However, I should point out that a master splitter is not required for VDSL in most cases. It will certainly help (in some cases help a lot), but it isn't absolutely necessary except in rare cases.
To be honest this is complete and utter bullshit and really shows a total lack of understanding of how xDSL technology works. If this is the sort of advice that Big Pipe are dishing out, I’d be recommending that they be avoided at all costs.
A xDSL master filter is not going to fix every problem, and there will be some premises close to a cabinet or exchange where performance may be fine without a master filter. To say that this is “most cases” however is just plain wrong. A master filter is the only way to eliminate reflections caused by internal wiring, and it’s also the only way to ensure that your modem isn’t unnecessarily transmitting at a higher power level than required. One thing that has been happening in increasing numbers lately has been a gradual reduction in VDSL2 sync speeds as more customers switch to the technology as a result of cross talk occurring in cable bundles between the customer and the cabinet or exchange. Poor quality connections can make this problem worse.
If you’re thinking of switching to Big Pipe it’s very much a case of buyer beware. Yes you’re getting a cheap connection, but you’ll need to ensure your internal house wiring is up to scratch, either by sort your own internal wiring, or paying Chorus or a 3rd party to visit and do this. Any prospective users will need to weight these risks up before signing up, especially when competing offers from other ISPs typically include the professional installation of a master filter by Chorus in the price.
Other related posts:
Spark Paging network shutdown – the event nobody cares about? Not quite.
UFB voice, power cuts, copper invincibility and mainstream media FUD.
New Zealand’s growing BUBA problem (AKA I feel sorry for you if you’re on a Conklin)
Comment by kent, on 12-Mar-2014 14:21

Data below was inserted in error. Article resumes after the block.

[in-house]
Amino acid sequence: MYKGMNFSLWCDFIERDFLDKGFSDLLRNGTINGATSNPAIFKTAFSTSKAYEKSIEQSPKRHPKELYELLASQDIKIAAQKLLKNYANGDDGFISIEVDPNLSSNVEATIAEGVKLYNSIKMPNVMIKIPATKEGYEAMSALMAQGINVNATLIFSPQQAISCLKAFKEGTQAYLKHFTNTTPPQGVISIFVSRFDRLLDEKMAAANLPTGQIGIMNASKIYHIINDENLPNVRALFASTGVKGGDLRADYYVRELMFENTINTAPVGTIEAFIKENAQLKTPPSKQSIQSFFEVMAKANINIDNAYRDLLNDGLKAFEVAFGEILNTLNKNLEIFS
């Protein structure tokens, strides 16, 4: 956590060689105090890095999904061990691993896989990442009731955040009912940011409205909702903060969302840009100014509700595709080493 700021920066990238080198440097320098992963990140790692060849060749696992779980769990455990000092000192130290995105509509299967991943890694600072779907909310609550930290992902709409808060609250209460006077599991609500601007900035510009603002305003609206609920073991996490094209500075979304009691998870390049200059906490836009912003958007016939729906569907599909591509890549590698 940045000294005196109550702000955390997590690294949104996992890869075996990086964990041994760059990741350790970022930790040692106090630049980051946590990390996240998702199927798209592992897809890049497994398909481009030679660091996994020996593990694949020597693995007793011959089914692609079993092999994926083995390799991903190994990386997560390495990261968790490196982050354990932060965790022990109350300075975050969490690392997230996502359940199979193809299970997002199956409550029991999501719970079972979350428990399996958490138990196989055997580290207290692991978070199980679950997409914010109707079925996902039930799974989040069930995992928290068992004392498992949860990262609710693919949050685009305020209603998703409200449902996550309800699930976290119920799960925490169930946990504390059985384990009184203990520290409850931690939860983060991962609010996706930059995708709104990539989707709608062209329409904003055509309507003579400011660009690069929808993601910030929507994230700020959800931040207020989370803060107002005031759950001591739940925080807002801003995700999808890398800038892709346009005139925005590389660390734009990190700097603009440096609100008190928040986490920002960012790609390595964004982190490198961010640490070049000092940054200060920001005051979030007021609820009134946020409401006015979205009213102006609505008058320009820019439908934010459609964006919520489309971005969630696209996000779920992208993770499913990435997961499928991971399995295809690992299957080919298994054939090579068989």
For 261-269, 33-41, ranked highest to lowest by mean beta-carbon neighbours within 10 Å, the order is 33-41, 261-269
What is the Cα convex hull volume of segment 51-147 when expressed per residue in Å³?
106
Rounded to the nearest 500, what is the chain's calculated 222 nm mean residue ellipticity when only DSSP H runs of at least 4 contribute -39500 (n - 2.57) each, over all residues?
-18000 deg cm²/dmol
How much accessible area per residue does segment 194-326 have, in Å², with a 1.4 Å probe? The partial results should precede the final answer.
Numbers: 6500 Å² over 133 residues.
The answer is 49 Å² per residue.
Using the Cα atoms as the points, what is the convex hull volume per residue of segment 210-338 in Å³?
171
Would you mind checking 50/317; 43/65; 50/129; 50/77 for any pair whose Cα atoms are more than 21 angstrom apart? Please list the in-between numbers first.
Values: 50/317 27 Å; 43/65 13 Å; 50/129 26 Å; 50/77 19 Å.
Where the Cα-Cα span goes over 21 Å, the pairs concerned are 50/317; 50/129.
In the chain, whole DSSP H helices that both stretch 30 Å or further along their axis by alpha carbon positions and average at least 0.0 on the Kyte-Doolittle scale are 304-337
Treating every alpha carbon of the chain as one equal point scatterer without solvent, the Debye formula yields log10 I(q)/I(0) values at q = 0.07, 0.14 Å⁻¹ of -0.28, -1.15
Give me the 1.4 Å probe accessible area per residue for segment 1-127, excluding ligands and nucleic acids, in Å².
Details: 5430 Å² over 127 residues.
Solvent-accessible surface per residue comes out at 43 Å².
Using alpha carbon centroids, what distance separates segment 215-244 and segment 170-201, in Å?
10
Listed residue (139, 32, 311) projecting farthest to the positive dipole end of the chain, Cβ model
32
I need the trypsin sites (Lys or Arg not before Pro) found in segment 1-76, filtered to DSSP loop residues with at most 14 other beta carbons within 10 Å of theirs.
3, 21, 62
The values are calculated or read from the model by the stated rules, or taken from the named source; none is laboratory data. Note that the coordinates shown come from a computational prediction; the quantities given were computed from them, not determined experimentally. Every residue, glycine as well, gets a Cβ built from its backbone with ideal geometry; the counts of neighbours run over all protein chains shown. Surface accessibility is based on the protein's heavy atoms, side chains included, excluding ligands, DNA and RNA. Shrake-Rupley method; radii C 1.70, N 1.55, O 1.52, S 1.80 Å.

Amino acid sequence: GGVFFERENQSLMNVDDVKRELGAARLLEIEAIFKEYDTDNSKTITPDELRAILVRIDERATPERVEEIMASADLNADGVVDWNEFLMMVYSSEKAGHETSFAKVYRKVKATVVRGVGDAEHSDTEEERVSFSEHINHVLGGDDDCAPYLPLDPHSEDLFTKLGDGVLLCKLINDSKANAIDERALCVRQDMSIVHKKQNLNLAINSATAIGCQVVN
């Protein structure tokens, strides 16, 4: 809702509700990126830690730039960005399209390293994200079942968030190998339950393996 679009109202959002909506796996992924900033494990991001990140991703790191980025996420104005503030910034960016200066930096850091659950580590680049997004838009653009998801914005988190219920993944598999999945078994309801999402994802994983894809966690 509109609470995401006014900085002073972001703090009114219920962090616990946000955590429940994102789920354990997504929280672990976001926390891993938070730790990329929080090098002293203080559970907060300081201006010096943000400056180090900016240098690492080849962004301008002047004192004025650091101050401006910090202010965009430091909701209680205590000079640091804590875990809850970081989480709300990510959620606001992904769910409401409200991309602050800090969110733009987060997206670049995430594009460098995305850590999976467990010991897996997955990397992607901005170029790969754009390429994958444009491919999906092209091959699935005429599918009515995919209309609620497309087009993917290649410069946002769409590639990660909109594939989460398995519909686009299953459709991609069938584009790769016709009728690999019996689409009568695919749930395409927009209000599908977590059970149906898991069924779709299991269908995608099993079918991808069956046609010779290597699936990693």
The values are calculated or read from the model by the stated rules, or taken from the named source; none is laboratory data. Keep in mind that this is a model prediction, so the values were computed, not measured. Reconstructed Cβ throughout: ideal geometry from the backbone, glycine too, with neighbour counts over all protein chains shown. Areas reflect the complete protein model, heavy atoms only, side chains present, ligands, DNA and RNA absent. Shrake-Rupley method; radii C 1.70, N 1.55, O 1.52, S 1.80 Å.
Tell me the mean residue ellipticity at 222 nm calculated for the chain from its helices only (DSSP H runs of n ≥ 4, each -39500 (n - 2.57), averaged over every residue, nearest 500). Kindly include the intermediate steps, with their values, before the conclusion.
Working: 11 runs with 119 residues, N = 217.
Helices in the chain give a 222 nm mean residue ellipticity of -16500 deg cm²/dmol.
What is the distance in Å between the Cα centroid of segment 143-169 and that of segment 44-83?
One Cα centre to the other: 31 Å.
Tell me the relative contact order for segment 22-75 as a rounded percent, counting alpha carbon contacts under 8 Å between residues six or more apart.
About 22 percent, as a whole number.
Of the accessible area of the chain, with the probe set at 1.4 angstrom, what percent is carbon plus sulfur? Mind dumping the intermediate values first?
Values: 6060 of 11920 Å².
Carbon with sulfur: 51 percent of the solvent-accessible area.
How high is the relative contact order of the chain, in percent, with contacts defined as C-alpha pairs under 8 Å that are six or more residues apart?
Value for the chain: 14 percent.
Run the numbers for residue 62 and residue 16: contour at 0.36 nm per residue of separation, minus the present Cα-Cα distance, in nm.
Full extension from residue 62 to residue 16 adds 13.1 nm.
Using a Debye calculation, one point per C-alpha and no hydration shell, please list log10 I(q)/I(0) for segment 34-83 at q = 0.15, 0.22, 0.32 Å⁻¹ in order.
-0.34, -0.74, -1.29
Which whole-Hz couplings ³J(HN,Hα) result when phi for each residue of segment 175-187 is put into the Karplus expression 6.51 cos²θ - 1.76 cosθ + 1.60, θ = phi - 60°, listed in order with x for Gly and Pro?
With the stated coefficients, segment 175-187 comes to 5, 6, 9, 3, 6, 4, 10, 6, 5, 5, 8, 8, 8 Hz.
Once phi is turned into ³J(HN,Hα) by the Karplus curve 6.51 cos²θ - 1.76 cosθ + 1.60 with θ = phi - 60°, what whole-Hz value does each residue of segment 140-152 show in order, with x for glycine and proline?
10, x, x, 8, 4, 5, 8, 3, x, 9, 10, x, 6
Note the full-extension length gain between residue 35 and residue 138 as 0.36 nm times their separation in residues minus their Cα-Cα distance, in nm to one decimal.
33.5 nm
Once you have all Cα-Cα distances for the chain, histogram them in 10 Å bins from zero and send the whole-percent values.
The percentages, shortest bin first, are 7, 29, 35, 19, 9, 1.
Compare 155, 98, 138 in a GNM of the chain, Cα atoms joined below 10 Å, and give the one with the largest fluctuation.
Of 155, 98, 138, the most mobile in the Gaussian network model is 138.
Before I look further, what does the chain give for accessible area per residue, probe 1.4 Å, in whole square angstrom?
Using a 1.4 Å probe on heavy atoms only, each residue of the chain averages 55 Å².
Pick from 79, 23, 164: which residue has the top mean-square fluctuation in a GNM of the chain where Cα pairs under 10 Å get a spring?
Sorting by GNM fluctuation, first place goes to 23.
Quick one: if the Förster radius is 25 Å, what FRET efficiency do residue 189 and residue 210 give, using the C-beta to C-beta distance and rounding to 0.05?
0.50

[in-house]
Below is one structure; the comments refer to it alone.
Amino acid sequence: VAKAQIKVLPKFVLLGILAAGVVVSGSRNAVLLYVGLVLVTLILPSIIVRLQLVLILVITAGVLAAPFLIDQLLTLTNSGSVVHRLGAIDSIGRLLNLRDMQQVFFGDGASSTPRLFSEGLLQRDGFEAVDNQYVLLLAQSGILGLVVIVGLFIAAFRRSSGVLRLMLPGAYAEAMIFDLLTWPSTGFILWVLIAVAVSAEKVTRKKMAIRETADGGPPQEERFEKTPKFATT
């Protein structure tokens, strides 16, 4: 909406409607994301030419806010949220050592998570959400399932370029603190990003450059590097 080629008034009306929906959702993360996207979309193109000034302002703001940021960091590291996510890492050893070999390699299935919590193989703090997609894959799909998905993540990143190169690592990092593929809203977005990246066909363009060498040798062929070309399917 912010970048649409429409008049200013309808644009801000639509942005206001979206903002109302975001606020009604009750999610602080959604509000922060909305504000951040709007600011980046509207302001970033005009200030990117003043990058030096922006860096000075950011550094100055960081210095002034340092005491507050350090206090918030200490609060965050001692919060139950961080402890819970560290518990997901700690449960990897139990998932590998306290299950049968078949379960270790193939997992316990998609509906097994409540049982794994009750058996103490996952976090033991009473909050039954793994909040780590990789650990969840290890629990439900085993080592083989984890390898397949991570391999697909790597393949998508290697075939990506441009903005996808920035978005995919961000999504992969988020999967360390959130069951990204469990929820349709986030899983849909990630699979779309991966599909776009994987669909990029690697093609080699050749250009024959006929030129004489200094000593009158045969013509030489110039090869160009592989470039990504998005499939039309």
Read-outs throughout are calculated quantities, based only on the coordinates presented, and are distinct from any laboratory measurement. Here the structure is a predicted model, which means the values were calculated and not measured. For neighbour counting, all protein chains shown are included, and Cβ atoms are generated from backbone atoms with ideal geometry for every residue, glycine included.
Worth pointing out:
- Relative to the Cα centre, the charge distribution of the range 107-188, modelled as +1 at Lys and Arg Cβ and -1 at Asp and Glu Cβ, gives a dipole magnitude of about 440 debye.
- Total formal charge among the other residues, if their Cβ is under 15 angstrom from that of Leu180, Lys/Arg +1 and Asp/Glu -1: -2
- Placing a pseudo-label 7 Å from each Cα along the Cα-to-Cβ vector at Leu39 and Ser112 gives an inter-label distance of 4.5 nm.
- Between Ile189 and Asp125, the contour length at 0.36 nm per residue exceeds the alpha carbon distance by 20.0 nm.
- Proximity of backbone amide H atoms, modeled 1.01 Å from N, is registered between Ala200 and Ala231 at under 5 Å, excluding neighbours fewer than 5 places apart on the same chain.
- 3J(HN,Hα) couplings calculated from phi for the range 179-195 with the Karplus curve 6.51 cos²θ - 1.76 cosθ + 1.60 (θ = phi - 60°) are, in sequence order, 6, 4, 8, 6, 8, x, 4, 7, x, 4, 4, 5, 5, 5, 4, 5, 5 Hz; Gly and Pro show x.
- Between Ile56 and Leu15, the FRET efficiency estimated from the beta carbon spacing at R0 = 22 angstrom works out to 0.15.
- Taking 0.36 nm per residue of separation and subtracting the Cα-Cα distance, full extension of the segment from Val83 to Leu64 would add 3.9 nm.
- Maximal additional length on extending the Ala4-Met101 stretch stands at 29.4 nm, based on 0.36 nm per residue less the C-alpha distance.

I got Bigpipe - no master filter and works great. I do plan on getting master filter at some stage though. Just haven't needed it yet. :)
Comment by johnr, on 12-Mar-2014 18:44
Kent what about the other users you could be impacting? Not just Big pipe customers but customers of other ISPs
Comment by Regs, on 12-Mar-2014 22:56
if not having a master filter impacts on other customers, then it shouldn't be a decision left for the customer or ISP - it should be built into the service from Chorus as lines company.
Comment by mattwnz, on 13-Mar-2014 13:48
Agree with Regs, why isn't it mandatory for chrous to install it, if there is a risk of that problem. People aren't going to spend money if they don't need to.
Comment by BigPipeNZ, on 13-Mar-2014 16:59
Thanks for the blog. Very interesting reading.
It might be useful for me to explain a bit more about where we are coming from.
At Bigpipe, we don't see ourselves as 'low cost'.
Our VDSL is $99, whereas other ISPs VDSL starts from around $75/85, (less if you bundle postpaid mobile.)
Granted, ours is uncapped data, but my point is that people who only want the cheapest connection are unlikely to sign up for Bigpipe. Doubly so when you consider they would also need to buy their own VDSL modem which starts from around $150. We're ok with that. We're not aiming to be the cheapest.
We see ourselves as providing nothing but broadband. We provide the big pipe (hence the name), you (the customer) provide the rest and it's up to you do what you want with it. If you prefer a $400 Fritzbox for your modem that's great, we don't want to waste money on giving you a cheap modem you won't even use and forcing you into a contract in the process. Likewise if you prefer to sort your own filter, that’s cool too.